Over 65% of Indians live in villages and small towns. This demographic, the biggest market for India’s consumer companies, is now dependent on the government’s generosity for a sustained demand recovery. The fate of corporate profits in the fast-moving consumer goods space is closely tied to the political will of the state and central governments ahead of key elections.
After three bad years, India’s hinterland showed some demand recovery between June and September 2017. FMCG volume growth here stood at 13% during that period, compared to a year earlier, and was higher than the 1% rise in urban India, according to market research firm Kantar Worldpanel.
The October-December quarter numbers will be a crucial indicator of the sustainability of this revival in demand.
Meanwhile, macroeconomic indicators are not very reassuring. Rural wages are still growing at a slow pace and farmers are still distressed about crop prices. Rural areas suffered two years of insufficient rainfall in the financial years 2015 and 2016. Then, in November 2016, came the note ban, which prompted households to cut back on discretionary spending.
But there are reasons to hope for better days.
Analysts anticipate government-led economic stimulus in the poll-bound states of Karnataka, Madhya Pradesh, and Rajasthan. Given that national elections will follow in 2019, political compulsions may force even the central government to put more money in the hands of the rural consumer.
“With a few state elections and expected populist budget, rural sector is anticipated to be the prime beneficiary. This, coupled with improving macros and good monsoon after two consecutive droughts, also augurs well,” HDFC Securities said in a report dated December 27. The report anticipates that “companies with a higher exposure to rural markets can surprise on growth.”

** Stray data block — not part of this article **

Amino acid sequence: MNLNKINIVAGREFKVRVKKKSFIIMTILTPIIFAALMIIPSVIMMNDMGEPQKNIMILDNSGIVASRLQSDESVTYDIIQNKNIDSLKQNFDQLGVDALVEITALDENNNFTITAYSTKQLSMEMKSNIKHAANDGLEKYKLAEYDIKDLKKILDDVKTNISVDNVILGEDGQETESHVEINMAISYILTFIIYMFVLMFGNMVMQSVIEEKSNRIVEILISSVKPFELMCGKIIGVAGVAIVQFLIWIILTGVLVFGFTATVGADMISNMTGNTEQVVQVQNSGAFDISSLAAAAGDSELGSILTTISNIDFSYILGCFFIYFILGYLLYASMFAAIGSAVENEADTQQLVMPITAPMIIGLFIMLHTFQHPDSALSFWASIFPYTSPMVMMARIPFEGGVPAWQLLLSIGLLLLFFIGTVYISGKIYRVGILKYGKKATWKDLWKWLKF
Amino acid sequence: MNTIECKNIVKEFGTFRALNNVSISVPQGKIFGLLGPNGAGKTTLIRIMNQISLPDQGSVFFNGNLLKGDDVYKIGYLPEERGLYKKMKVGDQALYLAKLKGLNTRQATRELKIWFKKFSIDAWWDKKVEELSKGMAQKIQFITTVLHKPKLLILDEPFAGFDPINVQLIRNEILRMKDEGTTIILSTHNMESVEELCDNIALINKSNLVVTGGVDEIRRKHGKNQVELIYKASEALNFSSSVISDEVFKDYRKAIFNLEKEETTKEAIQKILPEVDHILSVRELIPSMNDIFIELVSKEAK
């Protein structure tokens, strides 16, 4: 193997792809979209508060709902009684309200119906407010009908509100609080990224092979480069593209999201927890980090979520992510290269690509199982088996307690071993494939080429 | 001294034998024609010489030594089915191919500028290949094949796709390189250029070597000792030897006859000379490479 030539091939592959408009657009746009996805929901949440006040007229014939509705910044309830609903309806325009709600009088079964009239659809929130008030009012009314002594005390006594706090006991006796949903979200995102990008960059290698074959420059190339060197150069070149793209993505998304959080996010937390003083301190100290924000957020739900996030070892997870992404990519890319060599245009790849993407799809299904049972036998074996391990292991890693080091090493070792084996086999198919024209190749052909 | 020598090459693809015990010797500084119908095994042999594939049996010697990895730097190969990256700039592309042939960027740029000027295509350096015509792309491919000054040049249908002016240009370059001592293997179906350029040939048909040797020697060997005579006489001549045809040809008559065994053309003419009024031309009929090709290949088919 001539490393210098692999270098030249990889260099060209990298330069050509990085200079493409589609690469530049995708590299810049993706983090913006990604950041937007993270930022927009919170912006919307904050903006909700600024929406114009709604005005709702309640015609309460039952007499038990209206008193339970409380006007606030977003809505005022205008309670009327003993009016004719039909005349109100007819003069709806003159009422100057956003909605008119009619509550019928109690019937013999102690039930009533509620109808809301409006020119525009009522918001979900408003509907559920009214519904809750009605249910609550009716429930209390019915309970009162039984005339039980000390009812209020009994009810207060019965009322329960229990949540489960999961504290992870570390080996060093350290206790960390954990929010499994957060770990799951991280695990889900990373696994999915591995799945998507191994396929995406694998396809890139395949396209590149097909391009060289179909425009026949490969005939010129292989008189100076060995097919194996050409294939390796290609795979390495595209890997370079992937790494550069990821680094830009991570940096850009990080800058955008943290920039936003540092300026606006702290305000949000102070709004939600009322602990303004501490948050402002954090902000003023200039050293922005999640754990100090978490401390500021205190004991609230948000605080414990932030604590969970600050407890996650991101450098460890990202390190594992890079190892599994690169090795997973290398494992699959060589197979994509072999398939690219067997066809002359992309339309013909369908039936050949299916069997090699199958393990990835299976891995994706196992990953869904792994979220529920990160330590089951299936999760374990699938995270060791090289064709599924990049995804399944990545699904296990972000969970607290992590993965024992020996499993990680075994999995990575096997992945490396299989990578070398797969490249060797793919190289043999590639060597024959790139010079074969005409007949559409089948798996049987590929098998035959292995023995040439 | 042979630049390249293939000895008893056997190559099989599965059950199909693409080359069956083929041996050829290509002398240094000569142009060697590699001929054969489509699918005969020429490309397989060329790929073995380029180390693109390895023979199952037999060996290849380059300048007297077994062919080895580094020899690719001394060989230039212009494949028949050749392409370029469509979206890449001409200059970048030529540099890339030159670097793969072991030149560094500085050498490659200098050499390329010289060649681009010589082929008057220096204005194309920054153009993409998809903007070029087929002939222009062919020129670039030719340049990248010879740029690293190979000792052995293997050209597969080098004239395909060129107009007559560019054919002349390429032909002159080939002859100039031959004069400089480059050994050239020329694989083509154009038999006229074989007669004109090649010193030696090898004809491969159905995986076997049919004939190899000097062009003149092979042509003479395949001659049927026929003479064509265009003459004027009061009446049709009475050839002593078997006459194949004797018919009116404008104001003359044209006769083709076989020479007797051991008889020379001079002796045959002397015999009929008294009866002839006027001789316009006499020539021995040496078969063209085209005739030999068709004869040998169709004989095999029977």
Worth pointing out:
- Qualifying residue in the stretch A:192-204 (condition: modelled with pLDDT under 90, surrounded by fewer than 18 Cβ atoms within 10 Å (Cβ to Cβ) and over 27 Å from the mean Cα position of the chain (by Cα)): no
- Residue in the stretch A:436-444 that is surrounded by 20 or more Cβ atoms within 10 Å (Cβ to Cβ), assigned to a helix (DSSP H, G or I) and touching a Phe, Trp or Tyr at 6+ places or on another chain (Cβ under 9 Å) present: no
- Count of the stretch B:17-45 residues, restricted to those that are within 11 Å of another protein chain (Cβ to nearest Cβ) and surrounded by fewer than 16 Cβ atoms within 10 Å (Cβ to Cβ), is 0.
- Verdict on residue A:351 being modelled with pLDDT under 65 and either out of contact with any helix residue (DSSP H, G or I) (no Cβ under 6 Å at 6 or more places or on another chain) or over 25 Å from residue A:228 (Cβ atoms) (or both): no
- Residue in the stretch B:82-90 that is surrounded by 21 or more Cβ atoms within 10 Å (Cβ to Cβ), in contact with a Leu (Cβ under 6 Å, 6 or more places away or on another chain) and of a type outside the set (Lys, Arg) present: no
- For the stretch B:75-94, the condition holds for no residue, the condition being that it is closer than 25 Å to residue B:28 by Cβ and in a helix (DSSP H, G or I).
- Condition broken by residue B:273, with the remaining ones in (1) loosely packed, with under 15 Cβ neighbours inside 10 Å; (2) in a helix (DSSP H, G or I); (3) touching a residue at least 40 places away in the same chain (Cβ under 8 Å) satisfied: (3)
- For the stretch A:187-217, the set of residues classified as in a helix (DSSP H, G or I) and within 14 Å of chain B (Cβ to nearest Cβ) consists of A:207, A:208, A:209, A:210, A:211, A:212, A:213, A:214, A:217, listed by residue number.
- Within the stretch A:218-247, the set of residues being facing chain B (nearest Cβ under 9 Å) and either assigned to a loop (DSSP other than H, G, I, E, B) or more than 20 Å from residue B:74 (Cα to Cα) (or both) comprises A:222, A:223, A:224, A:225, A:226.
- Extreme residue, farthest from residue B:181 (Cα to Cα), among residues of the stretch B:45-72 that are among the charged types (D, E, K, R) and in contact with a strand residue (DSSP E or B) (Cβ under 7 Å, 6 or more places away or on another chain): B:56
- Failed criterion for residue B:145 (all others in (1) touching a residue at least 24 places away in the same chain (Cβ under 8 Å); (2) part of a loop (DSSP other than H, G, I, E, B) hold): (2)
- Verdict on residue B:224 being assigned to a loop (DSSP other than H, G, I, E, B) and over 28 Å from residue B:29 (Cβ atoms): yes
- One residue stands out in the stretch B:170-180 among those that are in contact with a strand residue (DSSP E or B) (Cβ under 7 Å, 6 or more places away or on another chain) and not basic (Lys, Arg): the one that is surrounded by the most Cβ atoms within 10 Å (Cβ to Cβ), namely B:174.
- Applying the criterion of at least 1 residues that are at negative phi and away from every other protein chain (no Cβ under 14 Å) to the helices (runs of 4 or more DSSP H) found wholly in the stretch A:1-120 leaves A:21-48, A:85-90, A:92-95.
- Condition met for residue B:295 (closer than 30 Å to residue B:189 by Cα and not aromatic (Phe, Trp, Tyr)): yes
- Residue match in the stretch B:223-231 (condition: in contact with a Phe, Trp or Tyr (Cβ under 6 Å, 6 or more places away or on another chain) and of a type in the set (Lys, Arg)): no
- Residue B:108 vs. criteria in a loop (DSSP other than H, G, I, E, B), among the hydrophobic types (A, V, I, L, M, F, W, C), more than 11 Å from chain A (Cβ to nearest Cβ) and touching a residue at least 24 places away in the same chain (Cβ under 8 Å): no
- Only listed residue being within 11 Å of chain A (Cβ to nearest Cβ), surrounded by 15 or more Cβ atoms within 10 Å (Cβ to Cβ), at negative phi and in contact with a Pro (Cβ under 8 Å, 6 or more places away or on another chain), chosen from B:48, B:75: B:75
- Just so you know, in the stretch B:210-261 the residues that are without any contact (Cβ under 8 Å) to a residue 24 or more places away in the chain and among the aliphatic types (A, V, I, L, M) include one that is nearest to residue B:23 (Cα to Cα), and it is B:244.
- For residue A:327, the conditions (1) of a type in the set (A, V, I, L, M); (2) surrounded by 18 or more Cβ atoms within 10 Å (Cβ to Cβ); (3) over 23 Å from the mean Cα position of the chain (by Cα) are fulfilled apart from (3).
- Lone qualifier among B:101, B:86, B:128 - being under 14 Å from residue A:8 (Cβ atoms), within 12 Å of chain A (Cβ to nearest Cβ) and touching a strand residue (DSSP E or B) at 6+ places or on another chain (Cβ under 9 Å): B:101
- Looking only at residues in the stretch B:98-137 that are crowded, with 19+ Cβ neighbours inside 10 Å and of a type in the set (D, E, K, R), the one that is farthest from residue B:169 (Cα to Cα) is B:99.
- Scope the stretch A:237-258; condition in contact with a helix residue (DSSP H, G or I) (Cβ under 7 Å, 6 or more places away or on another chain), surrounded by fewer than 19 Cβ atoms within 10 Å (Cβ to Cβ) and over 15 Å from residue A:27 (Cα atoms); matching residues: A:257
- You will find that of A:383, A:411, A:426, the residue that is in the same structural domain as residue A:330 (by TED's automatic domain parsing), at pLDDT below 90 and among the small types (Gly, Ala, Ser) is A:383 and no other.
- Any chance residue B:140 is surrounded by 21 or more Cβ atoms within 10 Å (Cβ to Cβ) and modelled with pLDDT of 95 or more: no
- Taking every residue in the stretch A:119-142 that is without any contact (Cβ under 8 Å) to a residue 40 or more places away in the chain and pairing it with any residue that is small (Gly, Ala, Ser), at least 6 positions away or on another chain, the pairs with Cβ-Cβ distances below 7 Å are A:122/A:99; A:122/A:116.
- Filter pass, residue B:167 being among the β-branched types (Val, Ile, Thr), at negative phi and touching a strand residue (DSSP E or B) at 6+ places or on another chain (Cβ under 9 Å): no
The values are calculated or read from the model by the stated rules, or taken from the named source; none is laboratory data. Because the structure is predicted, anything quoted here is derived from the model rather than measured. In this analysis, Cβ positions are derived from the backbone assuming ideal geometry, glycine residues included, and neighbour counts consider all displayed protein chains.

Then, there is the recovery in trade channels.
“Post-goods and services tax, volumes of consumer goods companies, which rebounded marginally from GST-related destocking in the second quarter of the financial year 2018, are likely to revert to near normalcy,” Abneesh Roy, research analyst at Edelweiss Securities, said in a research report dated January 5. “Rural market and CSD [the defence ministry’s canteen stores department] channels are recovering, albeit at a slower pace”
India’s rural markets, which were once high-growth drivers for companies selling sachets of shampoos, detergents, and hair oils, have continued to disappoint over the last few years. Large consumer goods makers extract between 40% and 50% of their sales from rural markets.
“Consumer demand has been steadily improving over the last few months,” Vivek Gambhir, managing director of Godrej Consumer Products, told The Economic Times. “We believe that as GDP growth gets better, it should lead to even stronger growth for FMCG in 2018. In particular, we expect a stronger bounceback in rural, while seeing continued improvement in urban demand as well.”
Analysts are also in consensus. “We will again see rural volume growth for most companies being better versus the urban demand and companies are also expanding on direct reach [in these markets],” Roy said in an interview on January 9.
All eyes are now on finance minister Arun Jaitley who will present Budget 2018 on February 1.
This article first appeared on Quartz.